Recently, Public Policy Polling sought to discover just how low the public’s opinion of Congress had fallen, testing the popularity of the U.S. Congress against twenty-six different, typically unpopular things. We all know that the American people have a less-than-favorable opinion of Congress (9% favorable and 85% unfavorable), but damn. The results weren’t pretty.
Here’s the outcome of PPP’s survey, in a handy illustrated form, from most to least popular thing:
When presented with a choice between Congress or Brussels sprouts, respondents gave a higher favorable rating to Brussels sprouts (69%) versus Congress (23%). [more]
Be sure to check out Meg’s full list, which is freaking awesome.
I spoke about what I believed and I think that there was a period of time when the Romney campaign was falling apart, people were not optimistic, nobody thought there was a chance of victory and I felt that it was my duty at that point to go out and say what I said. And at the time that I said it, I believe I was right.Fox News analyst Dick Morris • Speaking to Fox News host Sean Hannity last night, on the matter of his woefully optimistic pre-election prediction that Mitt Romney would defeat President Obama in a landslide, with 325 electoral votes. Of note, right there in his explanation, an overt admission that he felt obliged to promote the idea of a Romney landslide (which was profoundly statistically unlikely) out of a sense of “duty.” He’s essentially admitting he’s more activist than pollster, which is fine — so long as your job description accurately reflects that. Otherwise, as an analyst, you’re doing anything but. source
Of course, four points isn’t that much of a lead, but it somewhat undercuts the argument for halting polls there. However, the more interesting result in the poll is that 37% of likely voters haven’t yet formed an opinion on Paul Ryan, further upping the stakes for tomorrow’s vice presidential debate. Also, on the question of who Floridians trust to strengthen Medicare, Obama leads by 14 points.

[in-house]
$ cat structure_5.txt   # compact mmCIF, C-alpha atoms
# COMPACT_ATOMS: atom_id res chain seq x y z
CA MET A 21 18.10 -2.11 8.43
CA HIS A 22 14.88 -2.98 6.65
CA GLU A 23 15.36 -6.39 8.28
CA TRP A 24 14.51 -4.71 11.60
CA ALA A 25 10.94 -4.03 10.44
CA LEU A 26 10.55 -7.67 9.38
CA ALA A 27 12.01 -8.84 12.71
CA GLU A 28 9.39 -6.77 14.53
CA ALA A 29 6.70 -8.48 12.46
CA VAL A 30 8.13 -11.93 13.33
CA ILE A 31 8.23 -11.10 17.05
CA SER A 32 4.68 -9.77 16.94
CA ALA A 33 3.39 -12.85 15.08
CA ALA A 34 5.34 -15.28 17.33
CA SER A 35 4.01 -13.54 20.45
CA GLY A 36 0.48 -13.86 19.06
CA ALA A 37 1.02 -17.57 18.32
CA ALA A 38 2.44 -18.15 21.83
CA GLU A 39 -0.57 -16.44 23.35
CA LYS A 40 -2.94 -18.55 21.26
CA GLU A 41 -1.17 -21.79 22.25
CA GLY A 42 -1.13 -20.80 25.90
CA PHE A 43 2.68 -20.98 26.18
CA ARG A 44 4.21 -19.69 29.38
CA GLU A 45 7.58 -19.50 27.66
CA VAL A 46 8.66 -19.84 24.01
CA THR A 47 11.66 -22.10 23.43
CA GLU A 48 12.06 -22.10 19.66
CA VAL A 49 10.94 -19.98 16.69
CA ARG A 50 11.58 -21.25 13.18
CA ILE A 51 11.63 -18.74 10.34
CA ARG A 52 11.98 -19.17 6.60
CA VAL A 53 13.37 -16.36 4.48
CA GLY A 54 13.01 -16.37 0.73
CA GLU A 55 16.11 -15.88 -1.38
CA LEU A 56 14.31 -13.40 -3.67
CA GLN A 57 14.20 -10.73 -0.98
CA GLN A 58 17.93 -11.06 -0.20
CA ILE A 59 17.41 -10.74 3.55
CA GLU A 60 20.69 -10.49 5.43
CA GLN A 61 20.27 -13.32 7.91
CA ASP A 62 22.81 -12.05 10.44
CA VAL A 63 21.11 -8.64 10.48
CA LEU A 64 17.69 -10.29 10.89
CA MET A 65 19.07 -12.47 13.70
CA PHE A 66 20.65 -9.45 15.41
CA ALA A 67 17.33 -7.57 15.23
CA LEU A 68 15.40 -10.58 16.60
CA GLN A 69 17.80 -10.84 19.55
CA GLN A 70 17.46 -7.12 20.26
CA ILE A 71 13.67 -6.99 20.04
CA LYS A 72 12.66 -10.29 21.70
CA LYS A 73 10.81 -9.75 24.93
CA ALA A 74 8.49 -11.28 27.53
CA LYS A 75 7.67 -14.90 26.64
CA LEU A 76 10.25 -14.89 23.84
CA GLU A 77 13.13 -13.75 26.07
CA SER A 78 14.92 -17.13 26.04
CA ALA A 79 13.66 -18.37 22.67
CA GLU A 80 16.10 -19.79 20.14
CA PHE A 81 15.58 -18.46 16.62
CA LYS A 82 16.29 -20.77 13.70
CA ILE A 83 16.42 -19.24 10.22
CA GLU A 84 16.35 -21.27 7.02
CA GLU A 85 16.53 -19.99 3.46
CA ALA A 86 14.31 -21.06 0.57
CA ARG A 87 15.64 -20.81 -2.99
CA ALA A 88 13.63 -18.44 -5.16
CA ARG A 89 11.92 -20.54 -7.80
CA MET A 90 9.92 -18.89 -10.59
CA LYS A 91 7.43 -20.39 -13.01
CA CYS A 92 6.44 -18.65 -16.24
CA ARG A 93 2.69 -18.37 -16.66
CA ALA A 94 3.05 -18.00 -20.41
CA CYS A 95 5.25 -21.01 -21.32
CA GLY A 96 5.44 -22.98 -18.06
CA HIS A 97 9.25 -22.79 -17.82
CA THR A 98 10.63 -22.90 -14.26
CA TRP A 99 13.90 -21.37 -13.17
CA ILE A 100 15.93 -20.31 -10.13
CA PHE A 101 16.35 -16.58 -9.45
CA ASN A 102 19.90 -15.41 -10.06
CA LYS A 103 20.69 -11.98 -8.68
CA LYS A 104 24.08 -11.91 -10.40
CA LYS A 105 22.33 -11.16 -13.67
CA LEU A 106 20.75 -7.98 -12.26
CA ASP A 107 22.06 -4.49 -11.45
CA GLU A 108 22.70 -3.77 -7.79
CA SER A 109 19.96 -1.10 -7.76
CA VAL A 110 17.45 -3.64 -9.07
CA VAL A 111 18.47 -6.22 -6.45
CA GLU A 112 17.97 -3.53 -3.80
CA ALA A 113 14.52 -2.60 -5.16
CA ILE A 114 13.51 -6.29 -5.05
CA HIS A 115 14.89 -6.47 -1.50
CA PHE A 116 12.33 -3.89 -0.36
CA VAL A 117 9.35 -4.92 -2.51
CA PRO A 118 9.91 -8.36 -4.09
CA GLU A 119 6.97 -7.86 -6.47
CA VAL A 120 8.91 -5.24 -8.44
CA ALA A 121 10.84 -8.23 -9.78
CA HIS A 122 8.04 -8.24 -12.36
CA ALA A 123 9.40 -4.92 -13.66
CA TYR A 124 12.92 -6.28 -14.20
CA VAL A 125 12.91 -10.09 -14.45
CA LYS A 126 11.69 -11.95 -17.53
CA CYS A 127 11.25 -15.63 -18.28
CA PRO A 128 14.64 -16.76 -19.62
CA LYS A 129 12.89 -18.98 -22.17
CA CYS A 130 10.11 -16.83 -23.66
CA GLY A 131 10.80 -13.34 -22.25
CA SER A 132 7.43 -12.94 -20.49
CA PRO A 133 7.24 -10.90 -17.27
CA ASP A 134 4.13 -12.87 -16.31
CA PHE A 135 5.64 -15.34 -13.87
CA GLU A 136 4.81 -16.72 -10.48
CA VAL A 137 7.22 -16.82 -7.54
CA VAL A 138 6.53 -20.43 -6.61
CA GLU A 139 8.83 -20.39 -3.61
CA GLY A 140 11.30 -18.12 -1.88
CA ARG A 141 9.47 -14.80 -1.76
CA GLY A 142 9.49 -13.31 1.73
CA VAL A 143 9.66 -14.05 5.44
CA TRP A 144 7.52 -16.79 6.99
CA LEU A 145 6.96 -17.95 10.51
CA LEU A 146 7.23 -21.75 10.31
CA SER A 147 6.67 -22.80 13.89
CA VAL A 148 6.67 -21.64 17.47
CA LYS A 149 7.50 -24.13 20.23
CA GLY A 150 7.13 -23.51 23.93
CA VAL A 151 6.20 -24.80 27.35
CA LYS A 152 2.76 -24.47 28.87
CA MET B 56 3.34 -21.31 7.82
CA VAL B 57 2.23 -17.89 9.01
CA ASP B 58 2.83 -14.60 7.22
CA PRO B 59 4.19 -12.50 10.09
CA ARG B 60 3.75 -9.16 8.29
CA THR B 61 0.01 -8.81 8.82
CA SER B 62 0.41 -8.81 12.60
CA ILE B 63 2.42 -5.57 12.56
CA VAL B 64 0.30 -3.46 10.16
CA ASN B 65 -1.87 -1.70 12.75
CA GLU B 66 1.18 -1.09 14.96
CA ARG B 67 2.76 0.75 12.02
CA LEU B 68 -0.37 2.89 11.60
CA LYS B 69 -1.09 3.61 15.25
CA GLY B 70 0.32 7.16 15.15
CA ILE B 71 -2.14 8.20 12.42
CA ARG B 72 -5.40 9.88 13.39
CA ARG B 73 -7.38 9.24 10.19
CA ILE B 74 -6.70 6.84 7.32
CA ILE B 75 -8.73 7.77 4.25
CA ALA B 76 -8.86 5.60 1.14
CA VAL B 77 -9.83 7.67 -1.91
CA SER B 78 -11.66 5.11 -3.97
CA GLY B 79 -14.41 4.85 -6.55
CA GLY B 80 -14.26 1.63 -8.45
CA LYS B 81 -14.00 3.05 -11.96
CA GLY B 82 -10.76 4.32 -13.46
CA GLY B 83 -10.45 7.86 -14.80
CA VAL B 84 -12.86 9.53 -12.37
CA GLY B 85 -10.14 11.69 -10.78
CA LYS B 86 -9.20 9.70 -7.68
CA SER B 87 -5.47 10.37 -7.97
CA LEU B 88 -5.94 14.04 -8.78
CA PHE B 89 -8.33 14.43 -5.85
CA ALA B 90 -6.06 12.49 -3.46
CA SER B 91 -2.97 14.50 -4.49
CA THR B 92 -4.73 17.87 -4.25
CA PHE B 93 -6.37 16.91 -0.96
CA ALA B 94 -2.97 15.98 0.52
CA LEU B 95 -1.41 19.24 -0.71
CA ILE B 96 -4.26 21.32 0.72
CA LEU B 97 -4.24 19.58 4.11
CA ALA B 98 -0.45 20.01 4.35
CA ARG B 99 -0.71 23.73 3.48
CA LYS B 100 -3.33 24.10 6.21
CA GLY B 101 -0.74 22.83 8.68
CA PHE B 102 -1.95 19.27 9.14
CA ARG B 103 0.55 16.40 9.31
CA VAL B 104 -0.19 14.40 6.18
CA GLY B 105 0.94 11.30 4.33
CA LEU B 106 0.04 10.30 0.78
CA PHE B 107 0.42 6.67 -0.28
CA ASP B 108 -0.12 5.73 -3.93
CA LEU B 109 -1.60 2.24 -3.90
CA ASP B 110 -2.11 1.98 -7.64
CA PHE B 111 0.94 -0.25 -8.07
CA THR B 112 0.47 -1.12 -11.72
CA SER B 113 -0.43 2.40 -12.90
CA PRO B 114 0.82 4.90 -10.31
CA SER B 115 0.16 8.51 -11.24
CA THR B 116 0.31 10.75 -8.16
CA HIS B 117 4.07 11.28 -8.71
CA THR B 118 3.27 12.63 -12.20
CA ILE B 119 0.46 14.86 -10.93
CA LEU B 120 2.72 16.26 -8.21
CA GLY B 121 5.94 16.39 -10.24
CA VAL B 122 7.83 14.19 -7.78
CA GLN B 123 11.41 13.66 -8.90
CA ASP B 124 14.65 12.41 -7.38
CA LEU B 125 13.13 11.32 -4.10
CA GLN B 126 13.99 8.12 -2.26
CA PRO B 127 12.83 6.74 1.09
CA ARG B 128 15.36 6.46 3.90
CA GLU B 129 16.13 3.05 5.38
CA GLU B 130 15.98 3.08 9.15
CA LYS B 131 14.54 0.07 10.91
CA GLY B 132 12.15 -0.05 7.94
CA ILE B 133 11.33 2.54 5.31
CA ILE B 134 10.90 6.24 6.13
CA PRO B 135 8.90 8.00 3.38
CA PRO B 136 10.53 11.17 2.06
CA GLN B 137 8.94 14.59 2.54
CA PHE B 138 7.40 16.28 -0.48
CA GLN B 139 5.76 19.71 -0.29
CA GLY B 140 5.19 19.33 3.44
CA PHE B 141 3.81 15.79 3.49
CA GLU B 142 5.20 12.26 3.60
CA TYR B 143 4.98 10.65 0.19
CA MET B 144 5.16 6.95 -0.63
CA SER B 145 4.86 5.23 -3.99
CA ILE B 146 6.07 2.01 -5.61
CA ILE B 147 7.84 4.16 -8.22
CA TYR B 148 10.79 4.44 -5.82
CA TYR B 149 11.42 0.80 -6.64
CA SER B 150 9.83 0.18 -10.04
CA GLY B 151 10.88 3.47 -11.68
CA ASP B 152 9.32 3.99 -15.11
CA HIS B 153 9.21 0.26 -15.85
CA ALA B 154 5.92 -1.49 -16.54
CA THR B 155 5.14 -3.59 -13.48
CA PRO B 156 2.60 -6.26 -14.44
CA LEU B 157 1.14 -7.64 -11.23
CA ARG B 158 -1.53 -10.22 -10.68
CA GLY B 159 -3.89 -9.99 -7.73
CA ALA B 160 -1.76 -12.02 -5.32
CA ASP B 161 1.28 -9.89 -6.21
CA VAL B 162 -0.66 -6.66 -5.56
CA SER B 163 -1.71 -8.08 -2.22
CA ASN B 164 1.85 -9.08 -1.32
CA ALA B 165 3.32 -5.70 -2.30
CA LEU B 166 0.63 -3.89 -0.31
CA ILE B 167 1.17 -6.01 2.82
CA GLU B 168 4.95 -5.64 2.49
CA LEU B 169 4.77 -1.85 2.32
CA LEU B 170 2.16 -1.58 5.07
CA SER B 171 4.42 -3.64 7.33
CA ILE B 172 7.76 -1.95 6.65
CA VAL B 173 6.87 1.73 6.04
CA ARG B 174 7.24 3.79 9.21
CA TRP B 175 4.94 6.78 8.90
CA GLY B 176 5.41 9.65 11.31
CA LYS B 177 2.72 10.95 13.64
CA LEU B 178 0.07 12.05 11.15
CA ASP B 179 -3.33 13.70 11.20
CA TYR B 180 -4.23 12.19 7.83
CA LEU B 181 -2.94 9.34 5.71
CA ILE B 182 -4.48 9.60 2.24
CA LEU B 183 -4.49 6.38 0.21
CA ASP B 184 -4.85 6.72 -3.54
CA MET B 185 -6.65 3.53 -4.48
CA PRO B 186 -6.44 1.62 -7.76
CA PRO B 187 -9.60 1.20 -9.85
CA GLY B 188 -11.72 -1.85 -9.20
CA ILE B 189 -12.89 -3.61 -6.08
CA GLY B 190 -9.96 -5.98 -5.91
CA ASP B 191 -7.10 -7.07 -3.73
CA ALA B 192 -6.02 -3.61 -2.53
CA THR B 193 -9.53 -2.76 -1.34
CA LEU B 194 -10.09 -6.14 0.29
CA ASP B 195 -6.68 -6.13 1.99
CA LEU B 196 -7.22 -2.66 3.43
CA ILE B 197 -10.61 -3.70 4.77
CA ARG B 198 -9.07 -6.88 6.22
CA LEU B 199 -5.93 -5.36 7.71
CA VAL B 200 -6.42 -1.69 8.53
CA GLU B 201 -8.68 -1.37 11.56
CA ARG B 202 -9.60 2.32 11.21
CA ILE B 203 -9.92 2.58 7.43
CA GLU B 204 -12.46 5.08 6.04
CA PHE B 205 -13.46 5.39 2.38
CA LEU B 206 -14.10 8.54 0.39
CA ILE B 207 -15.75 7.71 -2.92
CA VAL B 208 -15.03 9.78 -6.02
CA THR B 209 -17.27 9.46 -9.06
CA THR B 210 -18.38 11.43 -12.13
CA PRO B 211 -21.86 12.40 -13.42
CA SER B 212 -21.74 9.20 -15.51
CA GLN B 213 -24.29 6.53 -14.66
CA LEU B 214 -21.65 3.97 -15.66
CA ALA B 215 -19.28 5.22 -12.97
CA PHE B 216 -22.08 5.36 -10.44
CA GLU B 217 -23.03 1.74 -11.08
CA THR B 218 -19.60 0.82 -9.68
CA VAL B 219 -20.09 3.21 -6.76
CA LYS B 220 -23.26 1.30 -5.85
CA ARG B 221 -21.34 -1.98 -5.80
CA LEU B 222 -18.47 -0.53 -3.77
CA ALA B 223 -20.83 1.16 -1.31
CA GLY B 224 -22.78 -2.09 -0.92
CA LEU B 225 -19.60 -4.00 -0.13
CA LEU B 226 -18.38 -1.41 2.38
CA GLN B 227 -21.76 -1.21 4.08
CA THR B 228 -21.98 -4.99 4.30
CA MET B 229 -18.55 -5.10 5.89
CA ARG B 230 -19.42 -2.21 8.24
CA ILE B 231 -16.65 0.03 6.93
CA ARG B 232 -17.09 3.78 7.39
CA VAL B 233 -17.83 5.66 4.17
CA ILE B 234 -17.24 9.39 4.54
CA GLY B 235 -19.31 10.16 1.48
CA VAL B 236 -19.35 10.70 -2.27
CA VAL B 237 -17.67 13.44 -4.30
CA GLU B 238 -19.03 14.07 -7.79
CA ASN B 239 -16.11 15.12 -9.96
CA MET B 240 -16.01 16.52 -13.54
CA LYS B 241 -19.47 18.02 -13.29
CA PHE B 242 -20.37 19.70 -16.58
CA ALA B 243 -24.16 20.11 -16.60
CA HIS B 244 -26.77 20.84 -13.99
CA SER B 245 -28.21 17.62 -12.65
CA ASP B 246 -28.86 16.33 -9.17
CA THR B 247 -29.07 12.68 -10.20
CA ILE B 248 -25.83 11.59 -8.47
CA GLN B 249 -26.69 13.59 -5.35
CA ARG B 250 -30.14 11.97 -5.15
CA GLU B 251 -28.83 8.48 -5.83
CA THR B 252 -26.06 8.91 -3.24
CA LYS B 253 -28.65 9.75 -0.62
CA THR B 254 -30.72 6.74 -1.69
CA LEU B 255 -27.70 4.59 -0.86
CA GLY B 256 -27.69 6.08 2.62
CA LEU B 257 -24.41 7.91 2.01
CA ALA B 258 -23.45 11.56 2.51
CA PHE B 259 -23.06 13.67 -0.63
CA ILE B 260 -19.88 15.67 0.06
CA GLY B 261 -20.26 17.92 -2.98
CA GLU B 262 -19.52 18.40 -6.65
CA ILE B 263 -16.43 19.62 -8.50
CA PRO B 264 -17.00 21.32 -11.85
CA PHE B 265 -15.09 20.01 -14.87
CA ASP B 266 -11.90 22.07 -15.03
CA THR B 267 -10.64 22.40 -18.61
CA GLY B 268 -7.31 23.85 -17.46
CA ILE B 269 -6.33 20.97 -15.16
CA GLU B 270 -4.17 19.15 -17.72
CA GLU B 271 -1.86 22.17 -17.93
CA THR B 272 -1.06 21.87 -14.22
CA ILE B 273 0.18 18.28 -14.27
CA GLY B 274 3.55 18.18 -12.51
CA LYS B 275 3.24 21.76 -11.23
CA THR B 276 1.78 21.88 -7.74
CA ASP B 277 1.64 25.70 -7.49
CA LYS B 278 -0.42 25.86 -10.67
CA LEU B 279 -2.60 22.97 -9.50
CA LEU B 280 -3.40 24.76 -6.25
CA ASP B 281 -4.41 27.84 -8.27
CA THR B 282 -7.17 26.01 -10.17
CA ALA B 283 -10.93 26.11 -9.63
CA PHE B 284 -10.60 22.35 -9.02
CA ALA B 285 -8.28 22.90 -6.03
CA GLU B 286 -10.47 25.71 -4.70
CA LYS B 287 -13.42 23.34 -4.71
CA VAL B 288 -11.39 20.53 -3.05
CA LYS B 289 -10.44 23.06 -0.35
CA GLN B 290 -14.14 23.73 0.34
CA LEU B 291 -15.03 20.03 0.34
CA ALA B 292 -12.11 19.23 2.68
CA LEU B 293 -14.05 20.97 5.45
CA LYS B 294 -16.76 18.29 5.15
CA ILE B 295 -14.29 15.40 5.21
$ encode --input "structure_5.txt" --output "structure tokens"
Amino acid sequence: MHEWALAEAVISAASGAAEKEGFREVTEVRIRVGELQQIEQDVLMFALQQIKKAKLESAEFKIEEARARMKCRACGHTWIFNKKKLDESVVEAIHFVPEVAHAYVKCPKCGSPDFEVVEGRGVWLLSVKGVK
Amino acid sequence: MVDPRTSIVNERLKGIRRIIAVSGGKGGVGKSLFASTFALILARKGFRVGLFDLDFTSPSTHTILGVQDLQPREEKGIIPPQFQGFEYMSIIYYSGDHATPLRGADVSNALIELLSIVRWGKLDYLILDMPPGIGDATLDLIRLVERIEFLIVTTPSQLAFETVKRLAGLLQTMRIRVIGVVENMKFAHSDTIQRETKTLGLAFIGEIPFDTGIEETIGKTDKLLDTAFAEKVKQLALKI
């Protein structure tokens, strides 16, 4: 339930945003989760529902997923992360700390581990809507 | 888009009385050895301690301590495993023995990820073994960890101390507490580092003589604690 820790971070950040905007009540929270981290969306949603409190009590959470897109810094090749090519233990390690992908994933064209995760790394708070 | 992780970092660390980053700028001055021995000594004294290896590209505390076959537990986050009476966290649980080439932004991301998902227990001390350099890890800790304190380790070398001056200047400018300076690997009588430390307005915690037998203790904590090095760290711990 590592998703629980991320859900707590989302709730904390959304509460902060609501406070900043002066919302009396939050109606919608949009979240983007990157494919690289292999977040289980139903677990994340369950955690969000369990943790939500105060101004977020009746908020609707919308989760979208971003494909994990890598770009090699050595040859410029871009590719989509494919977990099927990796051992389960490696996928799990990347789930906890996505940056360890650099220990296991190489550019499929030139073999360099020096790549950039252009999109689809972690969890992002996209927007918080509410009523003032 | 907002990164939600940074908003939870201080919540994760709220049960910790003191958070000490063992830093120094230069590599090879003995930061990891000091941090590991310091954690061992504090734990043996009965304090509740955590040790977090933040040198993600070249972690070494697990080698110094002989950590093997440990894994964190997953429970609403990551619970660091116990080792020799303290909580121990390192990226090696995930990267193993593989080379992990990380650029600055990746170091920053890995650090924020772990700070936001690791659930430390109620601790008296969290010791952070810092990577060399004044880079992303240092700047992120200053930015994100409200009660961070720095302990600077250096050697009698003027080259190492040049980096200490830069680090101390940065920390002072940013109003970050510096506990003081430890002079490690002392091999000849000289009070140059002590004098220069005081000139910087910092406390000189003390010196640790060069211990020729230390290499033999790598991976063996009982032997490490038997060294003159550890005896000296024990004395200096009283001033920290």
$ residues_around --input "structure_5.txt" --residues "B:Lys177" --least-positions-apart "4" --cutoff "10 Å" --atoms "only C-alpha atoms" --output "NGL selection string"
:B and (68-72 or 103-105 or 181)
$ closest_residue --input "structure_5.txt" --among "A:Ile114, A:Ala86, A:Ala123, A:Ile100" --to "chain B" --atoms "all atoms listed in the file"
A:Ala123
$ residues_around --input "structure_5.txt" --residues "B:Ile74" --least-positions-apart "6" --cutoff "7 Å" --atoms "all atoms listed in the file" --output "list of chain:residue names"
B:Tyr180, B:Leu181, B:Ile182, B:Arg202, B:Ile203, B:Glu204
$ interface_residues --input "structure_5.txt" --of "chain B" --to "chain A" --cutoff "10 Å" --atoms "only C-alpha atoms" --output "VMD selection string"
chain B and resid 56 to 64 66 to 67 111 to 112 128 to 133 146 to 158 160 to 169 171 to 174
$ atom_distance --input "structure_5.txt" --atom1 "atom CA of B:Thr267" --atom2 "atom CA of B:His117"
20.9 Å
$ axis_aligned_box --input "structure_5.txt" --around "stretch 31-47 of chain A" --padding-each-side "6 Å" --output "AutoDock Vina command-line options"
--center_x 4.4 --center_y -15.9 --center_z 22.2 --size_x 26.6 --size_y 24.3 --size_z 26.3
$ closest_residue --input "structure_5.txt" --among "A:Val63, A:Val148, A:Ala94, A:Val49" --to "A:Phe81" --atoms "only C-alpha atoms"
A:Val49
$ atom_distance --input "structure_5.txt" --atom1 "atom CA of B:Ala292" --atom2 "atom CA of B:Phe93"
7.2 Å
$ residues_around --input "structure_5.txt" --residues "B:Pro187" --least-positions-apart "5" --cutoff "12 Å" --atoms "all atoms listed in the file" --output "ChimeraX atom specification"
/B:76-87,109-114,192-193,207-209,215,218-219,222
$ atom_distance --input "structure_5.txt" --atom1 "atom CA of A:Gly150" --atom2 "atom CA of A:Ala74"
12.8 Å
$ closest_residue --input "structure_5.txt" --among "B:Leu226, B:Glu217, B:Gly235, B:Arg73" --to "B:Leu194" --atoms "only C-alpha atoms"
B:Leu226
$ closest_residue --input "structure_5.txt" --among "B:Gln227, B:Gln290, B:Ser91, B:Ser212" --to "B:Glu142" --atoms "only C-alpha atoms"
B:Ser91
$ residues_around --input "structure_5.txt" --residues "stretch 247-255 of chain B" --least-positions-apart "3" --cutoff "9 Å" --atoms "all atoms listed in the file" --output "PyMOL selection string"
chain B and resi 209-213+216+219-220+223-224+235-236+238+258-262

» What this means: While the movement does enjoy a plurality of support (in this poll, at this moment in time), a huge percentage of people haven’t yet made up their minds about it. This means there’s a lot of room for public opinion to swing either way, so decisions on the part of OWS’s still-emerging leadership over the next couple of months will be crucial in solidifying public support or rejection of the movement. This, in turn, will help determine whether or not OWS’s message actually ends up affecting legislation that comes out of Washington. Will Occupy Wall Street become the next Tea Party, which has had a huge impact on national politicians, or is it just a passing fad? According to this poll, the answer to that question is “to be determined.”
» Is the grass just looking greener from here? So, something seems to be happening. Even as Governor Chris Christie’s national profile has expanded, and his frequent denial of national ambition can barely beat back the GOP clamoring for him to enter the 2012 race, his poll numbers back in the Garden State aren’t looking so hot. We’re wondering if this might have to do with the difference between how it looks from outside to see a “tough” leader calling the shots, versus how it feels to be the constituents under that thumb. Strident austerity measures, YouTube videos of Christie verbally sparring with public employees, and his generally bombastic personality may play like a GOP action movie in Oklahoma, but could it be wearing thin on those closest to it?